(William Heinemann)

THIS book was first published in 1950 and is now [1958] in its third edition. Its author, Sir William Beveridge, is Professor of Animal Pathology at Cambridge, and his work with young research scientists has prompted the writing of a widely acclaimed volume, in which he bulldozes a path through the ruins of nineteenth century rationalism to allow the student and the layman a full view of the landscape of the scientific mind.

He demolishes the nineteenth century myth not by confronting it with a new pedantry but by the more effective technique of exposure. He has taken the statements and histories of great scientists of the past and present to show that the conception of the scientific thesis is always pre-rational and comes from the unconscious and is grasped at the fringe of consciousness by a process of intuition.

Reason, he shows, functions almost exclusively as a mode of validation after the event. Thus, there are chapters on “Imagination,” on “Intuition,” on “Chance,” on the “Limitations and hazards” of logical processes, and on the “Mental resistance to new ideas” both in the individual and in society.

Professor Beveridge sees two basic types of people: those who react to external influences and those who accept and accumulate them; and this book is a plea for the “reactors,” since these are the thinkers, the researchers. Ordinary examinations are not a good guide to a student’s ability in research, since they tend to favour the accumulators rather than the thinkers. Einstein failing his Polytechnic Entrance Examination is a monument to the inadequacy of such systems; whilst still a schoolboy the living example of a truth which he later formulated: ‘There is no inductive method which could lead to the fundamental concepts of physics. Failure to understand this fact was the fundamental philosophical error of the nineteenth century.” Yet still, to return to the point of the book, “In formal education the student is led implicitly if not explicitly to believe that reason is the main or only method by which science advances.” (reviewer’s italics).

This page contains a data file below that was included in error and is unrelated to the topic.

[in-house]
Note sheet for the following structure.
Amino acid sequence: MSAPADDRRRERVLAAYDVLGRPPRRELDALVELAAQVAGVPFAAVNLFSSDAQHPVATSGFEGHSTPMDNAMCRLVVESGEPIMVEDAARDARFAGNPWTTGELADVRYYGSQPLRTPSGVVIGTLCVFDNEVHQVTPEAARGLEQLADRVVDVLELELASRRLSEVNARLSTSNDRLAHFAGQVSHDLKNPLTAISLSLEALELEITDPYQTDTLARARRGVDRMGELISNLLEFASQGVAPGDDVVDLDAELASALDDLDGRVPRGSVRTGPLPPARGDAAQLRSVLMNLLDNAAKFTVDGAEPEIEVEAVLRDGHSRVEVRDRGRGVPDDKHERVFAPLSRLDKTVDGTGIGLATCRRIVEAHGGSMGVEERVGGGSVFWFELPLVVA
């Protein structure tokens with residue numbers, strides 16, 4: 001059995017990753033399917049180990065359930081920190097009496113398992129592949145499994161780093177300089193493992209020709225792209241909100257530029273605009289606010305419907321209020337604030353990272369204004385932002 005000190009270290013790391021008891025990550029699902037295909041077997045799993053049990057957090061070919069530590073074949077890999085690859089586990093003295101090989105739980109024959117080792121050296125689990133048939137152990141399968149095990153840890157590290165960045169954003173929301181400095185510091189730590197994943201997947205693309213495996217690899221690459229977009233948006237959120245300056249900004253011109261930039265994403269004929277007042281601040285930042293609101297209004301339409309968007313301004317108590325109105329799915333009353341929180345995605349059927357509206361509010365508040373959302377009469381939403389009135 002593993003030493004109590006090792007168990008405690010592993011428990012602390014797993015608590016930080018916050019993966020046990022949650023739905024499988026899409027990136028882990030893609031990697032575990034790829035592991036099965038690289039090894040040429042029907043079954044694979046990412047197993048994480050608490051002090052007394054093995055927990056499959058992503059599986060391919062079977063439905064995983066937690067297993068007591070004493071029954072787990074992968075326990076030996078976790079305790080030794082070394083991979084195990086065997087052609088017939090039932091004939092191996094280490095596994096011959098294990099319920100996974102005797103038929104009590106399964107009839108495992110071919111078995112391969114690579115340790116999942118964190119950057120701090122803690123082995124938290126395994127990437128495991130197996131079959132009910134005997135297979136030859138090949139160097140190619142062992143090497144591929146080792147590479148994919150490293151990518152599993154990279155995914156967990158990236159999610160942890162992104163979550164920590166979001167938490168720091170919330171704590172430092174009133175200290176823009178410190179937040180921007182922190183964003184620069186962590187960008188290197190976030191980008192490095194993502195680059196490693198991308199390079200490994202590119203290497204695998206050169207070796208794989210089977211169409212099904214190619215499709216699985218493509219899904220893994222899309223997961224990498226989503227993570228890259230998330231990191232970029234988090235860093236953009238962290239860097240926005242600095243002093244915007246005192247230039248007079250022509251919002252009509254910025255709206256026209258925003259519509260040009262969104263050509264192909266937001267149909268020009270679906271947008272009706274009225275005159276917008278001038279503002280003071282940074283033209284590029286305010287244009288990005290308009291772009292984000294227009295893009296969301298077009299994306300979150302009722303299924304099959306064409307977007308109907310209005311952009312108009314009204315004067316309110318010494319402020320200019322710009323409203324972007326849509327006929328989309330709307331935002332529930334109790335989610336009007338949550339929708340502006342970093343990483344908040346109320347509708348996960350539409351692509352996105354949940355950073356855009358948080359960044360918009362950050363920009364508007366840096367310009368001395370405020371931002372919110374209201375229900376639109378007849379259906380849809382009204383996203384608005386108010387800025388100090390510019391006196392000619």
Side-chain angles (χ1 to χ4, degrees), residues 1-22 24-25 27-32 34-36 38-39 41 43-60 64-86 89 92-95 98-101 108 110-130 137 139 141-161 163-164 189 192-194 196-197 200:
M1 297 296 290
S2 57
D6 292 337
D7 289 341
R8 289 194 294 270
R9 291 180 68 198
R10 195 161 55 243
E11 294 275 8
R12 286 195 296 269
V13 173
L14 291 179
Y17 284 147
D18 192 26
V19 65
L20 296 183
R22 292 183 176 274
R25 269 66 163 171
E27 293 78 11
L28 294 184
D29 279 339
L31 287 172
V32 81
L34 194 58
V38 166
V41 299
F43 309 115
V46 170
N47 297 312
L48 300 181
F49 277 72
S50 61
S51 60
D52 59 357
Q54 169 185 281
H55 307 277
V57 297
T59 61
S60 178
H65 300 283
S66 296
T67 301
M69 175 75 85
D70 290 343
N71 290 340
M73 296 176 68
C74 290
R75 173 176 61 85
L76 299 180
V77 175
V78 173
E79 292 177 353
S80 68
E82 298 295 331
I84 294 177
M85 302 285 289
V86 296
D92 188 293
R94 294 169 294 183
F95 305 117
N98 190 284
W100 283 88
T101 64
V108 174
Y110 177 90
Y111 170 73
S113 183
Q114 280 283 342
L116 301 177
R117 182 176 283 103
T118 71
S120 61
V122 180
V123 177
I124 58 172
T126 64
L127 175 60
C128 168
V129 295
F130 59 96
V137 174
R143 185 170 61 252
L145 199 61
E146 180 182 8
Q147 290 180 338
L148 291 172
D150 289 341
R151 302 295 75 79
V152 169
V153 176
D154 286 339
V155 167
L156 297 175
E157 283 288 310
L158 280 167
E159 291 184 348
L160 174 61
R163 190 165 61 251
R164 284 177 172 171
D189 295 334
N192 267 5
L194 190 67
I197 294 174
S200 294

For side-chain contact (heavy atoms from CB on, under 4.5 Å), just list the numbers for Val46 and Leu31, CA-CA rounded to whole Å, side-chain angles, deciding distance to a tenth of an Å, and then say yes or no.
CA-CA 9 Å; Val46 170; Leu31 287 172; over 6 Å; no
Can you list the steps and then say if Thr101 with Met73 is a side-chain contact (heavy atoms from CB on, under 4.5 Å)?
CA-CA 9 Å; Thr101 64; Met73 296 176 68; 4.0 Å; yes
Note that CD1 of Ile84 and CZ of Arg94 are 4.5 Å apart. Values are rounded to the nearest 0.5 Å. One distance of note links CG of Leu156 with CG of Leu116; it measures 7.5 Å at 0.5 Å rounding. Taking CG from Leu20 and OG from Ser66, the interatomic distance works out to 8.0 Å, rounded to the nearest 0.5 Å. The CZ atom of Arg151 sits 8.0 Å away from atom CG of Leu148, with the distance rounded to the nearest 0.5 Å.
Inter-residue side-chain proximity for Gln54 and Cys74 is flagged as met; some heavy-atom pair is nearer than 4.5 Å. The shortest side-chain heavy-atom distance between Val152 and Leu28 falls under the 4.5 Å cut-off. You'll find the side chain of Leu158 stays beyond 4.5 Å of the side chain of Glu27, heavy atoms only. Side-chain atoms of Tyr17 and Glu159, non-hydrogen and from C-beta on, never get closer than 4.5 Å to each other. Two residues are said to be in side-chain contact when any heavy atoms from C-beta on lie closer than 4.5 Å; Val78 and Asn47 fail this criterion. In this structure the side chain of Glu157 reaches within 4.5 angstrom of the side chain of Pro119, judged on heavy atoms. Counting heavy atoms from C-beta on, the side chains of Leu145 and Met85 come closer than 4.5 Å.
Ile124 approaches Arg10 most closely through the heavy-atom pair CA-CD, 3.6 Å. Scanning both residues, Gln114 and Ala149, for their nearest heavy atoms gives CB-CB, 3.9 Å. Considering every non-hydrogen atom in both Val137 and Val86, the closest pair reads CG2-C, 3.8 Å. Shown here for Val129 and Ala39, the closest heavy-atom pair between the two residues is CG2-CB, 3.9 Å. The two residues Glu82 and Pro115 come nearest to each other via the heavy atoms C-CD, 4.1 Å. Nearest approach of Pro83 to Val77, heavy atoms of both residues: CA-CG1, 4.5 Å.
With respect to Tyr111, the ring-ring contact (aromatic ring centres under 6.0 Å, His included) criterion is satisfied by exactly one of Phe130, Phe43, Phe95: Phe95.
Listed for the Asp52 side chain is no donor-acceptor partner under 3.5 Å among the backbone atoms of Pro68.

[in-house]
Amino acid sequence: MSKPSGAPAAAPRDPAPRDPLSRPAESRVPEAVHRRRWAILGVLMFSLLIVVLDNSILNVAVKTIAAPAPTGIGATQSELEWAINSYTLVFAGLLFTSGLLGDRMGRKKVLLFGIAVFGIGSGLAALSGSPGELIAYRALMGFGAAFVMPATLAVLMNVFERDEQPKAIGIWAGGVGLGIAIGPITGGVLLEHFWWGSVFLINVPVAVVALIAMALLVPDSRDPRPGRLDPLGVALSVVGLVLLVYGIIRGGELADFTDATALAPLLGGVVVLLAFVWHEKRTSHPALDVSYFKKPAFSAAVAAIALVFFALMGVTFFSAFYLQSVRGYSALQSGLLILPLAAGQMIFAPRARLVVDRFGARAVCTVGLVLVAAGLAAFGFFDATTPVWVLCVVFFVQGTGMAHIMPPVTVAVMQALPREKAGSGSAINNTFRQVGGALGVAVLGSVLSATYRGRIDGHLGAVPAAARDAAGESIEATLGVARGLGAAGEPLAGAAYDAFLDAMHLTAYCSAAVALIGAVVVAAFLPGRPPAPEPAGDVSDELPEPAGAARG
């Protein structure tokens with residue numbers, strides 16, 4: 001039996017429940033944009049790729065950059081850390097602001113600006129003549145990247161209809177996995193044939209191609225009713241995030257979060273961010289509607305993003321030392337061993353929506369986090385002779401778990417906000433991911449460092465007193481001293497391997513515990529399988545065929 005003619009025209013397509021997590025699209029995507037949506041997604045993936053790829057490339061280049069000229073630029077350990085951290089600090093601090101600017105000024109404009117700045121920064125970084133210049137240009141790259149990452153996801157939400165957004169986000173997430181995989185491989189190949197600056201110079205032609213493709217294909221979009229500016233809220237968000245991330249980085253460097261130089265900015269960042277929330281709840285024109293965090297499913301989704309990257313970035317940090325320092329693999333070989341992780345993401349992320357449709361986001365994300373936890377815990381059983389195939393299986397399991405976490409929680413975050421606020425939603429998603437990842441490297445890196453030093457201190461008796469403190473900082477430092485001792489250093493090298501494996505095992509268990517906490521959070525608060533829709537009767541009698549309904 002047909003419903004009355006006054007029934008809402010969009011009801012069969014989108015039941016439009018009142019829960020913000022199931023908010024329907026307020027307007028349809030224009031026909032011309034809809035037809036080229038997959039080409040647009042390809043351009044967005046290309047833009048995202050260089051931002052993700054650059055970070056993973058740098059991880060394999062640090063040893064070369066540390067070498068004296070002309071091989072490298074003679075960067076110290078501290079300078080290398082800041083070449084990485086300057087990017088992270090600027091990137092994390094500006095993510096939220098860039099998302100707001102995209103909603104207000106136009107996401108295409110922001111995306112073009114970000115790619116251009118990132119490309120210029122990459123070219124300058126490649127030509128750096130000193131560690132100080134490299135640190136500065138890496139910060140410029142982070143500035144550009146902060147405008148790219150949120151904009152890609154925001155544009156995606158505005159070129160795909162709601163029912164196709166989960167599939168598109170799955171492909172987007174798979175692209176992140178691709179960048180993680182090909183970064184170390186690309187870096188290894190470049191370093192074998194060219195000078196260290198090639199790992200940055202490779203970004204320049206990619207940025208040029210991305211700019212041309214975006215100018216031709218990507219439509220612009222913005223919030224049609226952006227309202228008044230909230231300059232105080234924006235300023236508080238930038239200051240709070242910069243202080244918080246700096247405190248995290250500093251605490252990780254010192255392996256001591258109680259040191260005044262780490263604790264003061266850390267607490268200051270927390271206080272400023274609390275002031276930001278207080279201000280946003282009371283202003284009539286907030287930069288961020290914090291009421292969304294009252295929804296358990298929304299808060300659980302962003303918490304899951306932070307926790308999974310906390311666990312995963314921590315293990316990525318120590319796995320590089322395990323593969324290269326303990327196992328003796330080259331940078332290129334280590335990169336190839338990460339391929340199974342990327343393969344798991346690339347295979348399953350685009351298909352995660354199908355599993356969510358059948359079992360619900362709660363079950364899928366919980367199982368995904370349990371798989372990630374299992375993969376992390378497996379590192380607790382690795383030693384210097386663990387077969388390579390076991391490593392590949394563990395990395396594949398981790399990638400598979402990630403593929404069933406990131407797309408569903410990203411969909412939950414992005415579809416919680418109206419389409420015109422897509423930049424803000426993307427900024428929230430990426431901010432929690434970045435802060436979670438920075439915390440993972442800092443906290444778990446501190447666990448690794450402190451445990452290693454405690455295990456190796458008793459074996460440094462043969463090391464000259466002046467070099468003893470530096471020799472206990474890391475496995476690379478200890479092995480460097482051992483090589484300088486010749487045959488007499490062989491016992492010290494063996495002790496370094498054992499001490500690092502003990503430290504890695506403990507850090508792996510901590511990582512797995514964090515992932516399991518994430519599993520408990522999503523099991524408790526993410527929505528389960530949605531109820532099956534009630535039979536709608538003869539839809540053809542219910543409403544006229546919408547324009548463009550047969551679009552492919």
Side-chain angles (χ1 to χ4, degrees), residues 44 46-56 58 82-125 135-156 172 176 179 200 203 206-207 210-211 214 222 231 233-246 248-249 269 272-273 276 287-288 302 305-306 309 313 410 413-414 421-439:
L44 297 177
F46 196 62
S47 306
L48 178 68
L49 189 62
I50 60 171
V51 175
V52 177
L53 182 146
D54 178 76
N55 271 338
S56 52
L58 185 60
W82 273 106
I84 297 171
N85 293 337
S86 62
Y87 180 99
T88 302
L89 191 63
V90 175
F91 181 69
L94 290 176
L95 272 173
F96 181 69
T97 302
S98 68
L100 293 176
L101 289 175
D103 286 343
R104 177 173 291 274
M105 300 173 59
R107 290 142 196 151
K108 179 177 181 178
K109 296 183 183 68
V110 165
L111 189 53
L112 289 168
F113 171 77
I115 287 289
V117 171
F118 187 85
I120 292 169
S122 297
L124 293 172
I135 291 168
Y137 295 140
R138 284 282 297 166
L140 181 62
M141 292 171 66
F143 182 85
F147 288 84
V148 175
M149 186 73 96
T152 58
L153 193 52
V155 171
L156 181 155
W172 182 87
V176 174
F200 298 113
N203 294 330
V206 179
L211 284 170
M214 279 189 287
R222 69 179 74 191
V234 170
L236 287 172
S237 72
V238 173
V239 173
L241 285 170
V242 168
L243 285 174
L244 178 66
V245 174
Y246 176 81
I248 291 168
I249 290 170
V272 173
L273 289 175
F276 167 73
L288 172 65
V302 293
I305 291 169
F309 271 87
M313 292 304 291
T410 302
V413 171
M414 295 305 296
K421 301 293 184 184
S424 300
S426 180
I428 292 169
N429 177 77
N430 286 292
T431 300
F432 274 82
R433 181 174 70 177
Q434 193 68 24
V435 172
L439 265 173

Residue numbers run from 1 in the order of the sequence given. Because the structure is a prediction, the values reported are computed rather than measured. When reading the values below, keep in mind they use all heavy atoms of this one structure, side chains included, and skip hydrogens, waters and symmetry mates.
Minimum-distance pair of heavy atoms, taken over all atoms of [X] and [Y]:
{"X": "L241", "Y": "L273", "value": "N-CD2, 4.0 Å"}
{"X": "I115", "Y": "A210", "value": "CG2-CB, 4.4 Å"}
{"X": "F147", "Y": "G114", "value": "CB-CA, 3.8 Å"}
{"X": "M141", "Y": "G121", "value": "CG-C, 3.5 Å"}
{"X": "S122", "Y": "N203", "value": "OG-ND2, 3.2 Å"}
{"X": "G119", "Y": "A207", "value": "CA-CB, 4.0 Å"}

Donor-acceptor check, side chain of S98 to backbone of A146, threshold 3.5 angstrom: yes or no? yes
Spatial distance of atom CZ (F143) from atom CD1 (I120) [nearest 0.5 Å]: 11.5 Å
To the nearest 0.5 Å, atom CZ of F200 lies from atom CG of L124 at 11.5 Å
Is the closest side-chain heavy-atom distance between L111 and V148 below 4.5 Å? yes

The truth, however, is more dismal even than this. Who could deny that the discursive attitude permeates not only science teaching but all teaching – all life; or that the reliance on reason, rather than imagination, is itself the rationalization of a psychic principle of which our society cannot let go. The author’s declared intention does not allow him to tackle this wider question, except by implication, and it is a pity that he did not devote a little more space to the problems of motivation and “lab. neurosis.” One of the important motives for taking up research, he says, is “esteem,” and it would be interesting to know how involved with this is the nervous anxiety which comes from constant frustration – to what extent egocentric motives abort the gestation of a new idea – and how intimately such phenomena are connected with the authoritarian roots of nineteenth century rationalism; for these are the besetting problems of all creative activity – in art and in life, no less than in science.

However, it is because Sir William sticks to his own field that his book becomes of such value to those outside; for the implications are clear, and summarized with apt economy in its title which I celebrate with my italics: amusing, poignant, eminently lucid: “The Art of Scientific Investigation” is a book no educator should neglect to read.